2.3. Changes in Social Mobility
As regards class mobility, it was earlier remarked that liberal and Marxist theorists differ fundamentally on its nature and extent. For liberals, the mobility of individuals between different class positions is a process central to the "social metabolism" of industrial nations; for Marxists, mobility occurs to only a negligible degree, except in the form of the collective—and downward—movement associated with the degrading of labor and proletarianization. As thus posed, the issue is not difficult to decide: there is an overwhelming body of evidence that is consistent with the liberal view but renders the Marxist position untenable.
For example, Carchedi's claim that "generally speaking, a member of the working class remains a member of the working class" is clearly falsified by findings from mobility research, which show that within the populations of advanced Western industrial societies some 20–30 percent of the sons of manual wage earners are regularly found in quite different (that is, salaried professional, administrative, and managerial or self-employed) class positions—and that this proportion has been steadily rising. Mobility research also shows that about 20 percent of men of such origins who started their own working lives as manual wage earners are subsequently able to move out of such employment. It may furthermore be observed that the idea of the mass proletarianization of lower-level nonmanual workers is also undermined by the tendency,
previously referred to, for younger males to be promoted from routine clerical and sales jobs as part of a more-or-less planned career path. In addition, there is also considerable upward mobility from this kind of work that is of a more contingent kind—associated, say, with changes of employer. It may be estimated that in present-day Western societies men who begin their working lives in routine clerical and sales occupations have better than a one-in-three chance of being promoted to professional, administrative, or managerial positions; and this probability rises to around one-in-two for men who are of nonmanual class origins. The relevance of a point I have made elsewhere is thus brought home: "It is work that is degraded, and individuals who are proletarianized; and where high mobility prevails, the former process in no way entails the latter" (Goldthorpe 1985b, 189 [my translation], emphasis in original; cf. Gagliani 1981).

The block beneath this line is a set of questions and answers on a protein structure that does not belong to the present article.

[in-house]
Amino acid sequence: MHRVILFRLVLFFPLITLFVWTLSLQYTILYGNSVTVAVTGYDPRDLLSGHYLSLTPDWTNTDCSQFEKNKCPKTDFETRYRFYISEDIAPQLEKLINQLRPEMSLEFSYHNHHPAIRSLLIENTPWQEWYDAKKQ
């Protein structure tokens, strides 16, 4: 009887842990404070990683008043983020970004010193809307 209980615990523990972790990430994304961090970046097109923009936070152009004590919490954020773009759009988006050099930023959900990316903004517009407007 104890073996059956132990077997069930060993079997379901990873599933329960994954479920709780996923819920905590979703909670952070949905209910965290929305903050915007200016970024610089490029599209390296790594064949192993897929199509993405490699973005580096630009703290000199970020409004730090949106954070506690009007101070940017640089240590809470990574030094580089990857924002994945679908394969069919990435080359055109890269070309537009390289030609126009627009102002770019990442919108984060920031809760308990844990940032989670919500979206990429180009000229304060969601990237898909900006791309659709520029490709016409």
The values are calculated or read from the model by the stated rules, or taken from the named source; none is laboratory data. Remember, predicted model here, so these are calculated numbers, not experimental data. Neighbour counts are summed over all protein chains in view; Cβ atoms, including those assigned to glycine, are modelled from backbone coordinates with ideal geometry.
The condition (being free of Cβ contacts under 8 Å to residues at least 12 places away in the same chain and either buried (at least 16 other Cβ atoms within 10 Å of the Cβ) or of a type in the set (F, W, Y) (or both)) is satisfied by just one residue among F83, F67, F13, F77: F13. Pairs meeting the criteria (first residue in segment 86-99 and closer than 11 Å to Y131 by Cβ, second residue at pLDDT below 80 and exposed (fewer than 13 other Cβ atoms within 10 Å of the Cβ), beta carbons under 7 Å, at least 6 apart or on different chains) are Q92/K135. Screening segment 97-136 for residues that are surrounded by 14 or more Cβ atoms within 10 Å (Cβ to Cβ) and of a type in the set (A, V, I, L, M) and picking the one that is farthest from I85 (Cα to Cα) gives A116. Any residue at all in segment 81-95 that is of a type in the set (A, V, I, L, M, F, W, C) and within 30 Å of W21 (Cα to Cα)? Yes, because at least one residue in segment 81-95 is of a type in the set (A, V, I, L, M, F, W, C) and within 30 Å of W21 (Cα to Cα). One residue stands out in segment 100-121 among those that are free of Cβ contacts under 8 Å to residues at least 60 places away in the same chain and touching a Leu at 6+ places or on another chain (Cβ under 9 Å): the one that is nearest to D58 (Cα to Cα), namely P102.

However, while there is no shortage of evidence to support the liberal claim that in industrial societies the amount of class mobility is substantial, this is not to say that liberal accounts of either mobility patterns or trends—or of the sources of change in these—need be accepted as they stand. Indeed, by reference again to the findings of mobility research, one can show that these accounts are seriously mistaken. The basic flaw is that liberal theorists have taken the clear evidence of increasing rates of upward mobility, which—as they themselves have emphasized—must be expected to follow from the expansion of the higher levels of the class structure, and have then interpreted this evidence as being indicative also of the increasing openness or social fluidity that they see as required by the logic of industrialism and that they believe is created through an emphasis on achievement rather than ascription in social selection. They have, moreover, felt supported in such an interpretation by further evidence of a "tightening bond" between educational and occupational attainment—or, in other words, by what might be regarded as evidence of the increasing sway of the meritocratic principle. However, what is here neglected is the possibility that rising rates of upward social mobility are not merely favored by the changing shape of the class structure but are attributable almost entirely to such structural shifts, and that little if any change need therefore be supposed in openness or fluidity. In fact, it is this latter interpretation, rather than the one advanced by liberal authors, that the research findings bear out. Contrary to liberal expectations that advancing industrialism should cause the association between individuals' class origins and their eventual class destinations to weaken steadily, this association has proved to be patterned in a remarkably stable way—once the effects of structural shifts are allowed for—both over time and cross-nationally. That is to say, while actually observed mobility rates vary quite widely within the experience of industrial nations,
this variation is to a predominant extent structurally conditioned, and a large commonality would seem to prevail in underlying "mobility regimes" or "patterns of social fluidity" (Featherman, Lancaster Jones, and Hauser 1975; Grusky and Hauser 1984; Erikson and Goldthorpe 1985b, 1987). Some instances can be cited of fluidity showing an increase over time but, rather than exemplifying any inherent tendency of industrialism, these appear to be better interpreted as episodes arising out of the specific historical circumstances of particular nations (Simkus 1981; Goldthorpe and Portocarero 1981; Erikson 1983; Erikson, Goldthorpe, and Portocarero 1983).